Begging My Congressman For My Family's Lives

Begging My Congressman For My Family's Lives
Rep. Peter Roskam, R-Ill., speaks on Capitol Hill in Washington, Wednesday, Sept. 17, 2014, during a House Select Committee on Benghazi hearing on the implementation of the Accountability Review Board recommendations. (AP Photo/Carolyn Kaster)

It seems impossibly cruel, and yet, this is the life I currently live. One where, by hook or by crook, by any means accessible, I have to find a way to literally beg my Congressman not to kill my family.

Let me take a step back.

Almost ten years ago, my life turned upside down. In the course of a few short hours, I became engaged to the love of my life, rushed to his bedside in a hospital emergency room, and then learned he had terminal brain cancer. I went from being a college student with a brand new job in a field I loved to being a full time caregiver, learning everything I needed to know and more about advocating for somebody with insufficient insurance and serious medical needs.

Although it might sound insane when speaking about the conditions of being engaged to a man with terminal brain cancer, we were unfathomably lucky. M’s HMO, while initially rejecting all of the claims for his care, was forced to reverse their decision and not only provide care for M, but to do it at the hospital of his choice- an out of network hospital that saved his life. And even luckier still, the medical trial that M was able to access, one that was considered a failure on the whole, due to the risks for most of the patients and the limited benefits, worked FOR HIM. He thrived. He survived. He overcame, as much as one can when there is dead and low grade tumor still occupying large chunks of your brain. We started a family.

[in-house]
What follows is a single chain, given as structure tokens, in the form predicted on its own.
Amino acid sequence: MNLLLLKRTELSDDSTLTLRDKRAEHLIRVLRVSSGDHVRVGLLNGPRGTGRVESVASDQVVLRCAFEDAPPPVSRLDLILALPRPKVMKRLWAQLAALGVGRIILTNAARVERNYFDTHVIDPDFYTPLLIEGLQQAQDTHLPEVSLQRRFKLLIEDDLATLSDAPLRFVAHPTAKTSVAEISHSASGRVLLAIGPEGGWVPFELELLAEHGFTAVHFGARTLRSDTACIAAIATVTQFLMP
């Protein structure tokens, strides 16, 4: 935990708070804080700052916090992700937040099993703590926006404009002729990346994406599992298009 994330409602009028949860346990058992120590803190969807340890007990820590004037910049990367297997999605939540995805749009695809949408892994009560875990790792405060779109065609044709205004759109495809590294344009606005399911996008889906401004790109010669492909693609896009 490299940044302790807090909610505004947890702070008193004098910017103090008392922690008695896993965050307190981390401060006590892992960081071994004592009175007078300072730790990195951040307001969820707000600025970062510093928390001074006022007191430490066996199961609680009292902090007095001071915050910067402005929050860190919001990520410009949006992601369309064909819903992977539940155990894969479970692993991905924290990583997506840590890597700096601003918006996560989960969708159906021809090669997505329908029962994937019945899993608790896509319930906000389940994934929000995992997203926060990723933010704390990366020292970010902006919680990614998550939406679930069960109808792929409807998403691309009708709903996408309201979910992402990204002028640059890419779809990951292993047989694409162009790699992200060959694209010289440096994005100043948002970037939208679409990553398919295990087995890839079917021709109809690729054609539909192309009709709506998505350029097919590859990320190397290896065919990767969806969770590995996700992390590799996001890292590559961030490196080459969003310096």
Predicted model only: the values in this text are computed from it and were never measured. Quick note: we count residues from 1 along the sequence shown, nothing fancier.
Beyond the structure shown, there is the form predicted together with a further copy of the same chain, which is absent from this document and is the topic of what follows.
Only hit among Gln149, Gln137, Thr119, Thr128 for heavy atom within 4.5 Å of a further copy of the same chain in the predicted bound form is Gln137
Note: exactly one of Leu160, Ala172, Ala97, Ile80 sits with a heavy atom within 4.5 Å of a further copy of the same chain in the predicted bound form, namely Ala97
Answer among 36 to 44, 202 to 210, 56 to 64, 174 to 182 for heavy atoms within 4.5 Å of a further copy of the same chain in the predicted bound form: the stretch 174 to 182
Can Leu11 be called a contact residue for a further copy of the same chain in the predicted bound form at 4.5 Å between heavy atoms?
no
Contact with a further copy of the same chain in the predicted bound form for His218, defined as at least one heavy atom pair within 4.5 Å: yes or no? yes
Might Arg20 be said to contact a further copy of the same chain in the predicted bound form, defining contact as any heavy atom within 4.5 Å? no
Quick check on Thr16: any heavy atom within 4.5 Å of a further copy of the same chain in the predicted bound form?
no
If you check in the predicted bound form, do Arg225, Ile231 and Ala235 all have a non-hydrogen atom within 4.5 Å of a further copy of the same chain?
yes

In the years before the ACA, we somehow survived unemployment, the birth of our premature twins, and continued cancer maintenance. We did this because, every month, Congress voted to continue unemployment benefits for another month- which meant our continued access to COBRA insurance. We were unfathomably lucky, because we both had parents willing and able to sacrifice in order to keep us afloat. We never forget that this privilege is denied to millions of people, who back in those days filed for bankruptcy at higher rates than anyone else in this country. We don’t forget that “medical bankruptcy” was not only the most common form of bankruptcy, but that as I sat in waiting room after waiting room, reading endless glossy magazines from anonymous heaps, article upon article advised the caregivers of patients how best to plan for their inevitable bankruptcy. That this was NORMAL, no matter how devastating. But as I’ve said a thousand times, “normal” is not the same as “right.”

When the ACA passed, we cried with joy and relief. M was able to get a job that not only had to offer him insurance regardless of his preexisting conditions, but he wasn’t forced to wait years in order to access it- another pre-ACA problem we faced at the time.

The ACA saved us.

And then November happened.